Babel-17, Delany’s first novel to receive a Nebula Award, was also the first to address issues found in many of his later works. Part novel and part philosophical inquiry, Babel-17 explores the degree to which language shapes the perception of reality. Babel-17, the artificial language from which the novel receives its name, is described by Delany as lacking both first-and second-person pronouns. As a result, Delany suggests, speakers of this language would not have any ability to be “self-critical” to separate reality from what the language has “programmed” them to see as reality. On the other hand, Babel-17’s analytical superiority over other languages is said to ensure that its speakers develop technical mastery over most situations.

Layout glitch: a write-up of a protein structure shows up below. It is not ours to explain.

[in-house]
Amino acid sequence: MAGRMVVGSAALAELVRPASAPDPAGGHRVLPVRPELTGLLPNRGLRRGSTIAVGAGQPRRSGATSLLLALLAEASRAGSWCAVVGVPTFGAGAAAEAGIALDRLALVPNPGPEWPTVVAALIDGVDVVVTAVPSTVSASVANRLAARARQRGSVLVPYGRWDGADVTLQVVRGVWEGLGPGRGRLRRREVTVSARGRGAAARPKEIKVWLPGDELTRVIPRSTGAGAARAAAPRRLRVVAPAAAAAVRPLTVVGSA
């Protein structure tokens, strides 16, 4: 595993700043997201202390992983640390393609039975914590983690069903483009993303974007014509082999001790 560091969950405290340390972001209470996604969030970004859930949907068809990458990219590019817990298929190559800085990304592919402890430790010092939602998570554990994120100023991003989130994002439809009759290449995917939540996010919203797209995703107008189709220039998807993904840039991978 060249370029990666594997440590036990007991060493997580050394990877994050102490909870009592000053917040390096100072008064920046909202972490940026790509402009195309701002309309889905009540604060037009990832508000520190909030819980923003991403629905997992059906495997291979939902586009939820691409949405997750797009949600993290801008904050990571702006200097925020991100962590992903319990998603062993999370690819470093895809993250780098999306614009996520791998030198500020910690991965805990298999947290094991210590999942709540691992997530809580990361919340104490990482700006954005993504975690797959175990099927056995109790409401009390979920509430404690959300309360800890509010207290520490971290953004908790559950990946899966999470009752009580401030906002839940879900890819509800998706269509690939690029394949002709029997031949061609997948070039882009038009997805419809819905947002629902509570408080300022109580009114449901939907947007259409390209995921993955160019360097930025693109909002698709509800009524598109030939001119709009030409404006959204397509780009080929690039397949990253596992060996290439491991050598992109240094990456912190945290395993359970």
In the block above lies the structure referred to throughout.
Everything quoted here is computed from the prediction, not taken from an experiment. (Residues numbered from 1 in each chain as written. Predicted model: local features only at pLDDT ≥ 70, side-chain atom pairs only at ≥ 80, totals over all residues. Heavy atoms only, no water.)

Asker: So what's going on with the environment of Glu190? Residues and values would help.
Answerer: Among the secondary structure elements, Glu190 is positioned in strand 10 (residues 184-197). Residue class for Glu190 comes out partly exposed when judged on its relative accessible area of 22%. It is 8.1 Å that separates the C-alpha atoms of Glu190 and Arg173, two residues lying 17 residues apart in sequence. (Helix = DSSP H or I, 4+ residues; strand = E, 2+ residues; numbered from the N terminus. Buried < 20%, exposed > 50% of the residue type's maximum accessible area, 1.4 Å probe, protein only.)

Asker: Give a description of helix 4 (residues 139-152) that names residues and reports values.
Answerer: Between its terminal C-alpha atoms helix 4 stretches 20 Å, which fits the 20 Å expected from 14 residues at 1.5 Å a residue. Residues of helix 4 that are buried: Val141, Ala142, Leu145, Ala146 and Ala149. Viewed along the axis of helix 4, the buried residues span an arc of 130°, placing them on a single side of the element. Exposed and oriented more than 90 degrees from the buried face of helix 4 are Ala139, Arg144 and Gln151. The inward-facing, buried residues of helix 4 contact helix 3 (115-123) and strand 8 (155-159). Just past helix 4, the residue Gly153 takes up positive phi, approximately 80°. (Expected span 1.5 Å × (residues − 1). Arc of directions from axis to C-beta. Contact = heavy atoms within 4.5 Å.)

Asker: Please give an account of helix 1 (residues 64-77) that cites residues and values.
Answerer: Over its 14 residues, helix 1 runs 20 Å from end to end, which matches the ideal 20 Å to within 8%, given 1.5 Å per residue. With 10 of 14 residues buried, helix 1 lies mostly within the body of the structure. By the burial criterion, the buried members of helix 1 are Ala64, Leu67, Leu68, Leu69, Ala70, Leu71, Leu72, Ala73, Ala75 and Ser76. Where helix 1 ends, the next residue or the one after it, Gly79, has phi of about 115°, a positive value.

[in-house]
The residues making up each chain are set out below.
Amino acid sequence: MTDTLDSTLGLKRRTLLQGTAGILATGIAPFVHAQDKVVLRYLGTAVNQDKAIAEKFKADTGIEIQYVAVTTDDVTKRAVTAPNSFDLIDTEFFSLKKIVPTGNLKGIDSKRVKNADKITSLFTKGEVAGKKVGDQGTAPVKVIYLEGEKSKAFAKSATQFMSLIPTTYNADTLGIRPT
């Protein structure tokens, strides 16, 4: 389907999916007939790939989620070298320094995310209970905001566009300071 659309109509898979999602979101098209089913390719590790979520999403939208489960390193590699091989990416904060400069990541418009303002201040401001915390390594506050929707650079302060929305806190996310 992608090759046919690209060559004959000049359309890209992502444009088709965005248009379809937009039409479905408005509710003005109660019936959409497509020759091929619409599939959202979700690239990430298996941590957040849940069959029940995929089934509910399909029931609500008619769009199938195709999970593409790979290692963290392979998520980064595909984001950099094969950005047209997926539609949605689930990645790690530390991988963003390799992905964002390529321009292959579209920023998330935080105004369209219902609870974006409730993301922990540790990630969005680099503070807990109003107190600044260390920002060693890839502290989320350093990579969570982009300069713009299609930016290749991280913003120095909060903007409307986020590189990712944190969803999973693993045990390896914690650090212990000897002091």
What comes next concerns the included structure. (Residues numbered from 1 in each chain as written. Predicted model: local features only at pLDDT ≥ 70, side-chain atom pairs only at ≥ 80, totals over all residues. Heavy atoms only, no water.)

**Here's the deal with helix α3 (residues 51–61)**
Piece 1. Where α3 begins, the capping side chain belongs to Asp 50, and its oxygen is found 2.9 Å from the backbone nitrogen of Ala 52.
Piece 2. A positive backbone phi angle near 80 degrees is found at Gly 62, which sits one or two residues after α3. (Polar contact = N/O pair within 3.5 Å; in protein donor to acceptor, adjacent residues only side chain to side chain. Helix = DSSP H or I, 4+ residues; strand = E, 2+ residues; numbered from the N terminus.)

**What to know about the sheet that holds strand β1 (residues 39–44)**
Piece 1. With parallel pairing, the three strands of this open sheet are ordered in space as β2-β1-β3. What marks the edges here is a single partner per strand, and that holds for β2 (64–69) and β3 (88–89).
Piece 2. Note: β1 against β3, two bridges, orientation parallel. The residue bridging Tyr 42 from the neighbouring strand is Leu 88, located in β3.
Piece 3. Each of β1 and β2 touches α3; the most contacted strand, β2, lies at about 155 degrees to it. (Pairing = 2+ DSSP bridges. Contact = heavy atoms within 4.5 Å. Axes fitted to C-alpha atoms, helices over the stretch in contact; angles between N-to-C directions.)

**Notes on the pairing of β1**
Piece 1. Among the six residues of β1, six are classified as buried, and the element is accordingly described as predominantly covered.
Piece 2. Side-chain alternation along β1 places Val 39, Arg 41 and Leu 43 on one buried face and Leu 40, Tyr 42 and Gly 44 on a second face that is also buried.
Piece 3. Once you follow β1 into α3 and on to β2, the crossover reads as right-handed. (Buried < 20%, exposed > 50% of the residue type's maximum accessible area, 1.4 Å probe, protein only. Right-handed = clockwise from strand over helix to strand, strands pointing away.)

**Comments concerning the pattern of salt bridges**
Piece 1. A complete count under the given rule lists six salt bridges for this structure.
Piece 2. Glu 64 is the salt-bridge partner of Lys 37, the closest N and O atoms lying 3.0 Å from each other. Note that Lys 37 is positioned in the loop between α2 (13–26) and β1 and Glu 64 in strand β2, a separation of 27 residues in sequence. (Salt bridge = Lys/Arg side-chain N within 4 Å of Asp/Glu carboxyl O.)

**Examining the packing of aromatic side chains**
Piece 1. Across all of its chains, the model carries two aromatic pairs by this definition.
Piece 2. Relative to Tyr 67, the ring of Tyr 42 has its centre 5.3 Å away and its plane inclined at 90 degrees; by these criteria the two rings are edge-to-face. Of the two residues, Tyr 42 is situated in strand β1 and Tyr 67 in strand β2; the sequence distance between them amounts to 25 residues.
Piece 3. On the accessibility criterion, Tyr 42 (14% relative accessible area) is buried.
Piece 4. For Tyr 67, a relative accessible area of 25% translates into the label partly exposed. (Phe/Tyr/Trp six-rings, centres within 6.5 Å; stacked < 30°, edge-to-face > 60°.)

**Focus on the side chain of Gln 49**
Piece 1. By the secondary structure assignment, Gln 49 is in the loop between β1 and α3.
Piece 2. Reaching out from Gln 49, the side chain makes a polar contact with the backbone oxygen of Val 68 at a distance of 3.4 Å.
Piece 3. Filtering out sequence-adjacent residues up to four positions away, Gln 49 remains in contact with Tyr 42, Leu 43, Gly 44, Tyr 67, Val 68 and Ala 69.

One of the questions raised by the novel, therefore, is how much one’s language dictates the way in which one perceives the world. In Babel-17, the word for a member of the Alliance would mean something roughly translatable as “one-who-has-invaded”; this, Delany suggests, causes those who think in the Babel-17 language instinctively to view the Alliance as a hostile force that must be destroyed. As one reads the novel, one wonders how much one’s own linguistic structures—including, for example, such expressions as “upper class,” “Far East,” and “New World”—not only reflect, but also actually determine, a system of values.
With a poet as its protagonist,...
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